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#Actualthok

Posted 25 April 2013 - 08:15 AM

Oh, yes. It's eval. I forgot about their difference.
 
About the command_map, I actually have been thinking about that before. Using dictionary and check if the thing is in the dictionary. So, my assumption is right? The type of data sent between client and server is the instruction and the arguments needed? I have never coded any server stuff before, and I couldn't find such information in the Internet. I just used my own logic, which is questionable.

Yes, pretty much. You need to figure out a clean way to pack 1) the instruction name and 2) the arguments on the client side, and a way to unpack them properly on the server side. A simple way to do this would be to encode this in JSON; that may not be terribly efficient, but it's a simple place to start. Python has standard libs for encoding and decoding JSON: http://docs.python.org/2/library/json.html.

 

 

 
Can you please explain a little more about the reason why I must be careful while using eval? I feel like it's rather risky, but I'm not sure why. I guess I'm just paranoid.
 
P.S. I just read an article about being careful with eval, but I don't really understand the namespace thingy.

 

Two words: "code injection". http://en.wikipedia.org/wiki/Code_injection

 

If you use `eval` to execute an arbitrary instruction, it is possible that a client could, for example, send the instruction name '__import__("sys").exit()' as a string, which would crash the server process once `eval` executes it. If the server process is being run as superuser (which it shouldn't be), technically this security hole could result in the server box getting completely 0wnz3d. If you're using an `eval` in a program which runs in isolation on a single machine and never hits the network, probably you don't need to care. But once you open the program up to a network and, more importantly, provide a server interface _directly_ to an `eval`, you do need to be careful.

 

Regardless of the security risks, there are almost always better alternatives to `eval`. In your case, using an explicitly defined map of instructions is one of those alternatives.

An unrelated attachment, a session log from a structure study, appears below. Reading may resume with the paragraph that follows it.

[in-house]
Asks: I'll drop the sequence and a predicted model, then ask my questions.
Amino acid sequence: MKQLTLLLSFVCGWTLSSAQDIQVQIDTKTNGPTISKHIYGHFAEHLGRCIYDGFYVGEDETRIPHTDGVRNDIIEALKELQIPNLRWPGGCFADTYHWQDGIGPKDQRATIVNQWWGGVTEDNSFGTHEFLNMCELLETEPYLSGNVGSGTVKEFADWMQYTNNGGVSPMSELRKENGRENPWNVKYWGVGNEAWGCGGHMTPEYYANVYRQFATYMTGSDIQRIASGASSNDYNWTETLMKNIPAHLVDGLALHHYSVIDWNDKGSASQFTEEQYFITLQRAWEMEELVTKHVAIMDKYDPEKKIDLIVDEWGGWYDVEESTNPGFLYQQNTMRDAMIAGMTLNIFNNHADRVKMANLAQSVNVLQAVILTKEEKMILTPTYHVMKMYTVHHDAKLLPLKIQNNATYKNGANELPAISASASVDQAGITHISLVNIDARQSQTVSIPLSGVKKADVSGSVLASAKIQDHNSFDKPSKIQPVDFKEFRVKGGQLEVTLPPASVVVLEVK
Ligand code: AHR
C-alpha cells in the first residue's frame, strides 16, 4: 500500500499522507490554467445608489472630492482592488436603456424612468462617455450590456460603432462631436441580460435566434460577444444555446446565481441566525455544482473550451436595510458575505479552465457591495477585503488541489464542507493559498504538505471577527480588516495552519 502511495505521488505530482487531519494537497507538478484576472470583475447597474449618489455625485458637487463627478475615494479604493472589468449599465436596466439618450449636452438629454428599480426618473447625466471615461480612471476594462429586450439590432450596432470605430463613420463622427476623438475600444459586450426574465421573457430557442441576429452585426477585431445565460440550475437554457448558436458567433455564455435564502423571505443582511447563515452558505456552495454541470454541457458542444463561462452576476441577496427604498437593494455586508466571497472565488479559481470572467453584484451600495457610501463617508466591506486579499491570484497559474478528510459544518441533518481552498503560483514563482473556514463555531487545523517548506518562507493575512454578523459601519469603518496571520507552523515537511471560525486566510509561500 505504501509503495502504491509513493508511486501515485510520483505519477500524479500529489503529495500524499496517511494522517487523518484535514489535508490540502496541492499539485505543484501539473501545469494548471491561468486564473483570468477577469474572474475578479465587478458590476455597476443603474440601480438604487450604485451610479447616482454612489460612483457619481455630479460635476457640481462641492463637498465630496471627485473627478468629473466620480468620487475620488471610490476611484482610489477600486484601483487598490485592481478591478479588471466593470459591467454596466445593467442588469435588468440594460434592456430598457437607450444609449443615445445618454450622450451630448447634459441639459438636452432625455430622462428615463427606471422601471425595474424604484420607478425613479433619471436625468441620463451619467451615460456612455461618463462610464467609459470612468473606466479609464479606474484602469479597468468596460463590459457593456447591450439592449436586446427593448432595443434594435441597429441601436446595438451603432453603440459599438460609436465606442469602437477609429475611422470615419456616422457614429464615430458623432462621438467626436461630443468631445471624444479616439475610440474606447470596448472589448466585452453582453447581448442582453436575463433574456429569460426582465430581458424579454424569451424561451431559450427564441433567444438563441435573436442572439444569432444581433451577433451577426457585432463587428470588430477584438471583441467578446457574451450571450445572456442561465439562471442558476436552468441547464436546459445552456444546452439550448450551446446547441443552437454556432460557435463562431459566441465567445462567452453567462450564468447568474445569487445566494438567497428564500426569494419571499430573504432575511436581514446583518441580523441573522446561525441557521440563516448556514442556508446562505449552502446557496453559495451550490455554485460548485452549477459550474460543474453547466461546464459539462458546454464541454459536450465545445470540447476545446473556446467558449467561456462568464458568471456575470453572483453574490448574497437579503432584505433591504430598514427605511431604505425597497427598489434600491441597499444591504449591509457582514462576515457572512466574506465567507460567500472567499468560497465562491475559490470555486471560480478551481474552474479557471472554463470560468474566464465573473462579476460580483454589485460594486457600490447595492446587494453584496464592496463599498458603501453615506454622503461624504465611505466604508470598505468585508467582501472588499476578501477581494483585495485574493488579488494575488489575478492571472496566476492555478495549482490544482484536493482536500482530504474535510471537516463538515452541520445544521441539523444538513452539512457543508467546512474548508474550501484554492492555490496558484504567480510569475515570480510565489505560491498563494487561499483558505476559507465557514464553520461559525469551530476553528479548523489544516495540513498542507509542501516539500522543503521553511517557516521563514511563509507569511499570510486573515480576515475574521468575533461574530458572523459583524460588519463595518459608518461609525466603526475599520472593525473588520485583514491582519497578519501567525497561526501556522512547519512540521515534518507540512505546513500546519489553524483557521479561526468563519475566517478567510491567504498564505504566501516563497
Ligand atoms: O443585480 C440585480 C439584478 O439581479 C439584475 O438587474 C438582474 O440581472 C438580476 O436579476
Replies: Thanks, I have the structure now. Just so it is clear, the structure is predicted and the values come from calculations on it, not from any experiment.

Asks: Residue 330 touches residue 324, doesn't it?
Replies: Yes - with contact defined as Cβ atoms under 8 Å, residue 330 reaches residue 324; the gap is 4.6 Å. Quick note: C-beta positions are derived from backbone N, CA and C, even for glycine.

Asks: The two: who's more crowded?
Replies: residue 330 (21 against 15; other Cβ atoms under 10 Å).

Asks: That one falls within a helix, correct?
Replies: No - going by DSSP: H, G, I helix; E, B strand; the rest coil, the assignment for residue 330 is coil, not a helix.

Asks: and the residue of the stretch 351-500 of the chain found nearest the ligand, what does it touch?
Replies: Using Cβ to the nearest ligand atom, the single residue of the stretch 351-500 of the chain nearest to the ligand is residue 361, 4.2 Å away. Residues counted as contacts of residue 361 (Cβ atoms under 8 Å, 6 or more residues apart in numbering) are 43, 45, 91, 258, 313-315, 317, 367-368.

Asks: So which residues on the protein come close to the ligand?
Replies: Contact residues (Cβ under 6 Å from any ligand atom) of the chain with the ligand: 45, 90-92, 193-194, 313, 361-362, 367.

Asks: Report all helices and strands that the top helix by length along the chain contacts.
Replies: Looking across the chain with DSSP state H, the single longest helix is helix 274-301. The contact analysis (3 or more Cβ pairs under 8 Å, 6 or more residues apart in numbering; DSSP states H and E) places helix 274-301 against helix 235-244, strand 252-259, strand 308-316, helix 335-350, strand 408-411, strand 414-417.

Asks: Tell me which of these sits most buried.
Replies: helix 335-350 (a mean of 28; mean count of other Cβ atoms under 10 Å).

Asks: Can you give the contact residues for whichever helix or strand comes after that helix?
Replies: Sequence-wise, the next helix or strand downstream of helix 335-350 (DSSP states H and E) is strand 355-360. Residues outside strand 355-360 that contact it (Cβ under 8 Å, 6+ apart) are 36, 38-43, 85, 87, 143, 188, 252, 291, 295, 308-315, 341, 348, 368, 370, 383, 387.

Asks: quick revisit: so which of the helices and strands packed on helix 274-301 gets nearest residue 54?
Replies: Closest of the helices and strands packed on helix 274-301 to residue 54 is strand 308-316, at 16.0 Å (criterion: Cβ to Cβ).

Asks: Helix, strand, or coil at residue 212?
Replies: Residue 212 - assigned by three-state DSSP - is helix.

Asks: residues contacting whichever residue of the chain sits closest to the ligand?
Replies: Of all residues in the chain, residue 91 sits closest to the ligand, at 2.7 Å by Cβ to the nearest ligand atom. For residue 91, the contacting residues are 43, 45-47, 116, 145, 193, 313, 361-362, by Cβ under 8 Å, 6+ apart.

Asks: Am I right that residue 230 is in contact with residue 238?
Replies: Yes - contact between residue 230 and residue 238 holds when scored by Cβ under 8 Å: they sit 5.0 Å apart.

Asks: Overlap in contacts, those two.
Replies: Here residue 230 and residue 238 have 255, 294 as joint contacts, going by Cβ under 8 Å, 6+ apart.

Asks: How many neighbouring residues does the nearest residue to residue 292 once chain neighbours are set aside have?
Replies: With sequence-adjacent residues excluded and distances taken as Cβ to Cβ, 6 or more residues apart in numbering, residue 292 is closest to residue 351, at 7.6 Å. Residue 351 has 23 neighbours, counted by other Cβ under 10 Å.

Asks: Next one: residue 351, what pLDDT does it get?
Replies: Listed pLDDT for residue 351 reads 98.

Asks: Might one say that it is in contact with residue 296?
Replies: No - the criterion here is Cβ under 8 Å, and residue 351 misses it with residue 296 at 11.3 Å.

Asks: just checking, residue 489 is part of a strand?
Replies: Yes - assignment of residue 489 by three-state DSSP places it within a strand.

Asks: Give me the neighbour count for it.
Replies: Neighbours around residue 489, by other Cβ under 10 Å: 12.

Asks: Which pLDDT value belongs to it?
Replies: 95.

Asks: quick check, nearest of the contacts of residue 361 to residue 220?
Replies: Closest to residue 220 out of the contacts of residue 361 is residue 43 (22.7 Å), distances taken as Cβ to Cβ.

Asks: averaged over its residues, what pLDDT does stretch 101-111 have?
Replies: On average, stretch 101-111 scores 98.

`eval` for Python is kind of like `goto` for C: Just because you CAN use it doesn't necessarily mean you SHOULD. =P


#1thok

Posted 25 April 2013 - 08:15 AM

Oh, yes. It's eval. I forgot about their difference.
 
About the command_map, I actually have been thinking about that before. Using dictionary and check if the thing is in the dictionary. So, my assumption is right? The type of data sent between client and server is the instruction and the arguments needed? I have never coded any server stuff before, and I couldn't find such information in the Internet. I just used my own logic, which is questionable.

Yes, pretty much. You need to figure out a clean way to pack 1) the instruction name and 2) the arguments on the client side, and a way to unpack them properly on the server side. A simple way to do this would be to encode this in JSON; that may not be terribly efficient, but it's a simple place to start. Python has standard libs for encoding and decoding JSON: http://docs.python.org/2/library/json.html.

 

 
Can you please explain a little more about the reason why I must be careful while using eval? I feel like it's rather risky, but I'm not sure why. I guess I'm just paranoid.
 
P.S. I just read an article about being careful with eval, but I don't really understand the namespace thingy.

 

Two words: "code injection". http://en.wikipedia.org/wiki/Code_injection

 

If you use `eval` to execute an arbitrary instruction, it is possible that a client could, for example, send the instruction name '__import__("sys").exit()' as a string, which would crash the server process. If the server process is being run as superuser (which it shouldn't be), technically this security hole could result in the server box getting completely 0wnz3d. If you're using an `eval` in a program which runs in isolation on a single machine and never hits the network, probably you don't need to care. But once you open the program up to a network and, more importantly, provide a server interface _directly_ to an `eval`, you do need to be careful.

 

Regardless of the security risks, there are almost always better alternatives to `eval`. In your case, using an explicitly defined map of instructions is one of those alternatives.

 

`eval` for Python is kind of like `goto` for C: Just because you CAN use it doesn't necessarily mean you SHOULD. =P


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